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Sharlene Penman (piano), visiting from New Zealand, is the band leader for the 2019 Tea Dance.
Our fiddlers are Sarah Stefanski and Jenny Evans, both local artists.

Friday, December 11, 2015

23 November 2015 - Dancing on the Heights (NHFM)

This evening was about prep, but not completely.
Drewry night was coming Real Soon Now and The Kilts and Ghillies Tea Dance is coming in May.

The latter program is more varied than the usual ball program. It is about half RSCDS and half out society. This is deliberate. The couple of years before I took over the class and the ball programing fewer than half the dances had been from RSCDS and sets were breaking down on a regular basis. I chose to ease the difficulty level while trying to keep the flavor of those programs.
The end result: unfamiliar dances (not necessarily hard dances) that require prepping.

The dances I taught were:

Broadway  –  (32 S 3 set)  –  Ronald
Capelthwaite  –  (32 R 2)  –  C. Sigg
Earl of Mansfield  –  (48 R 4)  – Drewry
Richard the Third  –  (32 S 3)  –  Glasspool
Countess of Dunsmore's Reel  –  (32 R 3)  – Bk 49
Ythanside  –  (32 S 3)  –  Drewry
Eggemoggin Reach  –  (32 J 3)  – Price

**********

Broadway:- I had small numbers at the start, this dance worked and besides I like the dance a lot. So do the dancers. The only hard part is knowing who dances the diagonal half rights and lefts. Simple solution - the four dancers who cast during the Set-and-Link3 are the four who dance the Rights and Lefts.

Capelthwaite:- This one also was well liked by the class. I consider it something of a mind bender but the dancers didn't have any trouble with it. And I think I know why. It was on the New Haven Branch's Nutmeg Workshop held on October 17th just a month earlier.
I don't know that I would do it on a regular basis but give it try anyway. Your dancers might like it - perhaps enough to make it a favorite.

Earl of Mansfield:- On the upcoming Drewry Night program.  Not easy. Not even that rewarding when you get it right - low payback for effort put in. It is not going on my favorites list.
My assessment is that while the individual pieces of the dance are not difficult the sum of the parts is.

Richard the Third:- I love this one. The music is a problem though. Terry strongly recommends using the music for Miss Gibson's Strathspey from the CD Memories of Scottish Weekend. This is a recognized name tune and I normally wouldn't use it.

But I do.… and I use another recordings when I teach Miss Gibson's. The music and dance fit so well here that any other music just doesn't cut the mustard. During the Rights and Lefts variation for example a pulse develops that is almost mesmerizing. We often say "Listen; and dance to the music." Here I say "Listen and dance WITH the music." There is a difference.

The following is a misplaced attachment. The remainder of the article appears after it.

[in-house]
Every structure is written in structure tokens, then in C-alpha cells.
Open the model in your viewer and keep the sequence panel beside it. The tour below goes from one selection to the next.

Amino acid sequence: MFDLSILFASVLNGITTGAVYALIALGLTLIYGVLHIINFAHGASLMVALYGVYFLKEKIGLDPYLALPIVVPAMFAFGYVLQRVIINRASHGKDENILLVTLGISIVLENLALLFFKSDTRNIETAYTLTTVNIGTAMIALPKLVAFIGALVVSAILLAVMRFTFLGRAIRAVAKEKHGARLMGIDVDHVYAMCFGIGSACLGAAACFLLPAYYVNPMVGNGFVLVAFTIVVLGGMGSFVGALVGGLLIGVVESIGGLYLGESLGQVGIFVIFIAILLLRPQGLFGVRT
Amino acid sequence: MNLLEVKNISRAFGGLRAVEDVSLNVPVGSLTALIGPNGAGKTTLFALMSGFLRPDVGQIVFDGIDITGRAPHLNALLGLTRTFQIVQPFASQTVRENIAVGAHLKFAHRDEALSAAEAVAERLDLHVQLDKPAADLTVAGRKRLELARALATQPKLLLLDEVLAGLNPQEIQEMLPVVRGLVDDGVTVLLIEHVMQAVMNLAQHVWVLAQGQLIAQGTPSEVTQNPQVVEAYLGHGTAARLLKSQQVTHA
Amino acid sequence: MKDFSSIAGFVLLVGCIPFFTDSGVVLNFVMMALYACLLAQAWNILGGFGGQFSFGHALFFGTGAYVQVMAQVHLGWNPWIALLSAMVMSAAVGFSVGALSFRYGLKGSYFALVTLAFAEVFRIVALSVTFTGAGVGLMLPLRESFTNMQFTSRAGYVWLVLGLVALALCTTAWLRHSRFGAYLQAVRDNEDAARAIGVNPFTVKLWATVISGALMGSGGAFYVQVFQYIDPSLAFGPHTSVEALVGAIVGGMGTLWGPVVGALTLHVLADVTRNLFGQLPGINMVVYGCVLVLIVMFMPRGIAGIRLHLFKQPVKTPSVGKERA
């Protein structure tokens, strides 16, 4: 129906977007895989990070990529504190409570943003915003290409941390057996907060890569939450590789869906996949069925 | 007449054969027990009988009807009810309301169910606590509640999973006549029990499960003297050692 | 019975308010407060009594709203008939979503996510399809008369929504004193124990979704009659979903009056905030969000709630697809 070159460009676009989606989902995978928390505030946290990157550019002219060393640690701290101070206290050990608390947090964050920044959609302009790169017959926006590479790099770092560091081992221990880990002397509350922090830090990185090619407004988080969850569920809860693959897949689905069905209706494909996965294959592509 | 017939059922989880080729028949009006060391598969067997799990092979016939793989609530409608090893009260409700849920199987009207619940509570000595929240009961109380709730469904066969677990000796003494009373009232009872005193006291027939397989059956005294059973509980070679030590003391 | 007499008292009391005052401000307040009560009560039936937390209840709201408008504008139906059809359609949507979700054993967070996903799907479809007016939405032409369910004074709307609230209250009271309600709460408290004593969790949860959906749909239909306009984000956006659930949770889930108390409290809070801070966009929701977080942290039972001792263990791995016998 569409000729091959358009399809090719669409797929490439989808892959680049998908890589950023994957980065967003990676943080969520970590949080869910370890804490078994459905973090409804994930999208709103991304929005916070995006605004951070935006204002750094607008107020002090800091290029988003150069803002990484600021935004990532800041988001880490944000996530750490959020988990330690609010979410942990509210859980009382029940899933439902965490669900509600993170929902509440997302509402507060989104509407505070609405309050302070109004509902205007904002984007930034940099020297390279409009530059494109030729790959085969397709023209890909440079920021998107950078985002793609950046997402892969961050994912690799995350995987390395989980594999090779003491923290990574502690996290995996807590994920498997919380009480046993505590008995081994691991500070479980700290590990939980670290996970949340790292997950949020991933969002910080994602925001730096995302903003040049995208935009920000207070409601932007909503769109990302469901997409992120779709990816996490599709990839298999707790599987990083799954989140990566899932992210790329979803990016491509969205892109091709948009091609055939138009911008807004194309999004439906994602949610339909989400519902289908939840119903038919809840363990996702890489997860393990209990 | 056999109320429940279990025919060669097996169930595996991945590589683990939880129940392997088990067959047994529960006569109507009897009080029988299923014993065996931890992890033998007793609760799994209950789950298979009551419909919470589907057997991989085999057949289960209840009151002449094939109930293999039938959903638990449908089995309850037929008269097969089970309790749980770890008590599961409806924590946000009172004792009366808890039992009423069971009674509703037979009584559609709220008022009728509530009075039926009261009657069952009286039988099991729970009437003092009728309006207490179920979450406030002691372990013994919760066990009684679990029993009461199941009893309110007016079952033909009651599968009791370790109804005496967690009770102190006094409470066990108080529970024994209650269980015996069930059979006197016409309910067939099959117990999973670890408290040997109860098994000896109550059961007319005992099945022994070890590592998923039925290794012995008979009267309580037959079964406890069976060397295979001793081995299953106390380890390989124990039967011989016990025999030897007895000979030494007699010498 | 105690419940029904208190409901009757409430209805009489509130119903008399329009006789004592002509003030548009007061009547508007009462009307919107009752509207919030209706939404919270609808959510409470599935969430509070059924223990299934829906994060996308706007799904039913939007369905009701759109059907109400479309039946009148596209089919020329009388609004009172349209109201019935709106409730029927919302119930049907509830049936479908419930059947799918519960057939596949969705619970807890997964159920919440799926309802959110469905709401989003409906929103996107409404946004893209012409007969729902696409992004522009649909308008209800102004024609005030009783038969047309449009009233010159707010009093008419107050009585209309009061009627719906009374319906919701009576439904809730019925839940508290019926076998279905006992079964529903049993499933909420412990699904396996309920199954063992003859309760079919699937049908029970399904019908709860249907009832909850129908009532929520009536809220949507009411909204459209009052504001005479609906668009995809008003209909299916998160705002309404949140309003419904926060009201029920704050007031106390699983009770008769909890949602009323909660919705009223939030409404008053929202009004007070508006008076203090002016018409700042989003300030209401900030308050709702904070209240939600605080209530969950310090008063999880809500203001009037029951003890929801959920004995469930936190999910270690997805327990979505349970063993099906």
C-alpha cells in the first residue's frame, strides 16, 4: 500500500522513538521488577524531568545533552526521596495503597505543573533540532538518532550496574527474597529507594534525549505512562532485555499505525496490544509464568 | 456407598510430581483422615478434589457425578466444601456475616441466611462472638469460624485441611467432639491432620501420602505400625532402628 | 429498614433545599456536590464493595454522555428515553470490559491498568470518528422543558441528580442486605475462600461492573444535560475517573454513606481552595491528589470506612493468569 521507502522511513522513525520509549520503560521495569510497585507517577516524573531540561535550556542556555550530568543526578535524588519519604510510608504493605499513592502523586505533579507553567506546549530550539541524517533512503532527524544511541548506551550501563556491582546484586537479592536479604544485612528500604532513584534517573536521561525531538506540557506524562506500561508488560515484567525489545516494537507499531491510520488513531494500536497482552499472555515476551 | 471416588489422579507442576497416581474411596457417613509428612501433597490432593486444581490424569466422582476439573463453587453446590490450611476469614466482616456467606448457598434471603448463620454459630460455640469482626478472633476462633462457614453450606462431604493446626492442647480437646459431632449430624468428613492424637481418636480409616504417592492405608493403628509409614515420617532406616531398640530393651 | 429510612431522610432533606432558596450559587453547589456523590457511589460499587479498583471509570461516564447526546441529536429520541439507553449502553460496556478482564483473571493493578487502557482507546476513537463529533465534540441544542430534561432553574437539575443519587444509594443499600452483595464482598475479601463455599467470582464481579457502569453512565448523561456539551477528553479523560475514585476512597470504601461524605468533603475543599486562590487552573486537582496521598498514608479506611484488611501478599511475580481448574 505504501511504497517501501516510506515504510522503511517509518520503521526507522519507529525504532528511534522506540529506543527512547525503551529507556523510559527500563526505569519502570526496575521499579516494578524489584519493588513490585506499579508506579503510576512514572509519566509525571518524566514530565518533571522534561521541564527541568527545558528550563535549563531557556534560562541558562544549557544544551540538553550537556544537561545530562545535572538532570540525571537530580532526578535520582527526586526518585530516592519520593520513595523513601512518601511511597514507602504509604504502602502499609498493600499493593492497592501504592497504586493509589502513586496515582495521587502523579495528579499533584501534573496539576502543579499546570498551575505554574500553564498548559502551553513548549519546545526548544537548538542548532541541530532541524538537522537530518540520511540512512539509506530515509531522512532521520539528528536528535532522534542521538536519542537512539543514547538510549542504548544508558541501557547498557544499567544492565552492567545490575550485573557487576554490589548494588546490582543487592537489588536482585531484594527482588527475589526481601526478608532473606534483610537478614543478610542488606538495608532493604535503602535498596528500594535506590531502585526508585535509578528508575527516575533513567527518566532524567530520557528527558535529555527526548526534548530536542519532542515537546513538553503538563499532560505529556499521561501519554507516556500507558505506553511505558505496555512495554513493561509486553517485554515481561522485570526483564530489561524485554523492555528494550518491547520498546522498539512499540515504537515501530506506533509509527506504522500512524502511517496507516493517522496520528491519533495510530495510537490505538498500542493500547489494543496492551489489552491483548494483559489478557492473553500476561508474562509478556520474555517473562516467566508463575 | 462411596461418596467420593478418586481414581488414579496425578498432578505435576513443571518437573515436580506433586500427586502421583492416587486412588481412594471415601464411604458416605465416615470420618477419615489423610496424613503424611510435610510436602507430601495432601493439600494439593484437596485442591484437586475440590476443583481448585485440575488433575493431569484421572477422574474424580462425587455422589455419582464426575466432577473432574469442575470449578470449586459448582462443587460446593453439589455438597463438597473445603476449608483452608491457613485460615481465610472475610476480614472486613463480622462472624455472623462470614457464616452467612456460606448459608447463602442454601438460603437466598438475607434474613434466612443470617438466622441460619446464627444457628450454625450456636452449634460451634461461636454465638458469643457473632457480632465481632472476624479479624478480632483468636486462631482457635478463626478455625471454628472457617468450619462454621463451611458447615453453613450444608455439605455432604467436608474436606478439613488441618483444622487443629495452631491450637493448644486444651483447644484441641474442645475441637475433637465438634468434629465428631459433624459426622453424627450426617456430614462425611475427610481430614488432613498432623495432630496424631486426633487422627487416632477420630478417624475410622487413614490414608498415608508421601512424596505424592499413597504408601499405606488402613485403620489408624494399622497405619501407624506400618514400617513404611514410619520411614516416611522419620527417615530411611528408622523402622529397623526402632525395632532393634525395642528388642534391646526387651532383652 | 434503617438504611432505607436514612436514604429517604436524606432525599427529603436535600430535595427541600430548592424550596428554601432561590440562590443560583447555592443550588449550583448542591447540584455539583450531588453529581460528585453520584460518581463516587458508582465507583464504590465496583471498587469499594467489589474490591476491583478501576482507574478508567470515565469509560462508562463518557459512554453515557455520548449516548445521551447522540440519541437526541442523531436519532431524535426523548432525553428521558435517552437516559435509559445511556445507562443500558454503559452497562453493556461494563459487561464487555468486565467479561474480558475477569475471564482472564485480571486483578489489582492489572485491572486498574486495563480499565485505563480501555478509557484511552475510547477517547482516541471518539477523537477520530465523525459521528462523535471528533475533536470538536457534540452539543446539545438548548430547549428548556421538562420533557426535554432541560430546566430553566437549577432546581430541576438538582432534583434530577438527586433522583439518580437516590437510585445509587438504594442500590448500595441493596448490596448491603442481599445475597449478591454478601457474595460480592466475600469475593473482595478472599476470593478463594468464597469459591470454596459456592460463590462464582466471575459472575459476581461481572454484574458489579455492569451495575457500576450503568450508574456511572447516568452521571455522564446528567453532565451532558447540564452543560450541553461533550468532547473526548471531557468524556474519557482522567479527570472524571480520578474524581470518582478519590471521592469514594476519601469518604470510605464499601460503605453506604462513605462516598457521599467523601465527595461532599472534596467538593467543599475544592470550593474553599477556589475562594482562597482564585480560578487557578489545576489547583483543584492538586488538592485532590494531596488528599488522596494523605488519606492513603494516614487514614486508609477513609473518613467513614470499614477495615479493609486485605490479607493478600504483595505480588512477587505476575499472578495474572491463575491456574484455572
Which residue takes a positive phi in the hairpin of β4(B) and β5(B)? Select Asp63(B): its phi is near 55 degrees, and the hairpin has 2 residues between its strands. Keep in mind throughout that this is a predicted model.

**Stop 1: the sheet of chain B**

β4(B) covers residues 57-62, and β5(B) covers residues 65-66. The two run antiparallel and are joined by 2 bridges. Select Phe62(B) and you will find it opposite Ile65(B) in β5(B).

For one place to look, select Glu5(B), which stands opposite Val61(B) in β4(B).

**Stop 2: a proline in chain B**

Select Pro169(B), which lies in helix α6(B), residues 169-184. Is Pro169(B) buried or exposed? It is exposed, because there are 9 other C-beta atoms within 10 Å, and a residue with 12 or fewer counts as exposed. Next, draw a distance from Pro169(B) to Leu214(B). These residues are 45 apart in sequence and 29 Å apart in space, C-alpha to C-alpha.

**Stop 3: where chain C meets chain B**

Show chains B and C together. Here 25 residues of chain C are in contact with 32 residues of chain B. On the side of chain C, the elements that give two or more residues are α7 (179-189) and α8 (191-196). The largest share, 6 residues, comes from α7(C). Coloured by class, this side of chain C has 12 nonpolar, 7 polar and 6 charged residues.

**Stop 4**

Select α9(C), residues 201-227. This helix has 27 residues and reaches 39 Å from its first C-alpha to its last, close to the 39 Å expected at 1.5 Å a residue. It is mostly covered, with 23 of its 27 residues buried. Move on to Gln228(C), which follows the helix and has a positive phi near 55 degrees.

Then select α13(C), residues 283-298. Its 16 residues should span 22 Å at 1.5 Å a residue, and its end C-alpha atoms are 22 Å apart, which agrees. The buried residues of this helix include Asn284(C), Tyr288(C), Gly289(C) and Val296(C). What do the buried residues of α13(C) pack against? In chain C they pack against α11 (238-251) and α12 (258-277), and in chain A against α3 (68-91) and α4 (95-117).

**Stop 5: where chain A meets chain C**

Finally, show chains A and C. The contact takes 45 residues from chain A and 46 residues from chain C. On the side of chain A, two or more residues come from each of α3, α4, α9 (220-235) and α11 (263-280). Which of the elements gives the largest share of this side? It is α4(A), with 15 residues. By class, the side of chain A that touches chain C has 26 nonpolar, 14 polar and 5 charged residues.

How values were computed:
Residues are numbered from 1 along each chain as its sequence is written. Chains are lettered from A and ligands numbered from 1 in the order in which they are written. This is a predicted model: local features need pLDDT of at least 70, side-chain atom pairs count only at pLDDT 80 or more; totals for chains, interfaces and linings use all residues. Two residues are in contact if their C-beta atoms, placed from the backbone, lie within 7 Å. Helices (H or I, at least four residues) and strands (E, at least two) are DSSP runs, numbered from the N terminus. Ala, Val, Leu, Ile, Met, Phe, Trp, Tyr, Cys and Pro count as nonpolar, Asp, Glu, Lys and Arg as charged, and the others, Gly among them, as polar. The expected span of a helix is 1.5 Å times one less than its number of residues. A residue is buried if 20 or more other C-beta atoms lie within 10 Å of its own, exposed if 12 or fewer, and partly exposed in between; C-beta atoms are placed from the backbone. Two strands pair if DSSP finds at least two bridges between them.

Countess of Dunmore's Reel:- This is the first time (that I know of) that this dance has been taught by any of the teachers in this area. The class loved it. They gave it a Golden Ghillie.

And that is a relief! I put this on the Kilts and Ghillies program unseen and undanced. It looked good  on paper and now I know that it is good in fact as well.

Ythanside:- One of my top 50 but not a golden ghillie dance. What it does is reward good dancers who anticipate. The expanding turns into circles takes a lot of self control to make them flow. When it flows it is magic. When you are early and stop between each piece the magic just never happens.

Eggemoggin Reach:- The Eggemoggin Reach is a stunningly beautiful stretch of water on the north side of the Penobscot Bay in Maine. The tune this dance wrote itself too is The Penobscot Bay Jig tthe fourth tune in a set of jigs by Peter Macfarlane and Lilian Linden.

I am finding this dance to be 'interesting'. The dancers in my head have no problem with it. The dancers on the floor do. This is the third or fourth teaching of the dance to this group and it is only now coming together.

Where I anticipated difficulty it went well. Where I thought it would be easy it was ugly. This pattern has happened now in several classes so it must be true and the dancers in my head must be very mistaken.

Even before they got it the class liked it. In fact they over ruled me when I wanted to give it a rest and insisted that we keep going until they got it right. This month they still had trouble in the beginning, but when they got it they gave it a Golden Ghillie and were enthusiastic about it appearing on the next (2017) Kilts and Ghillies Tea Dance.

And a huge Thank You to Keith Rose. I put a crib and he wrote a diagram for the dance!

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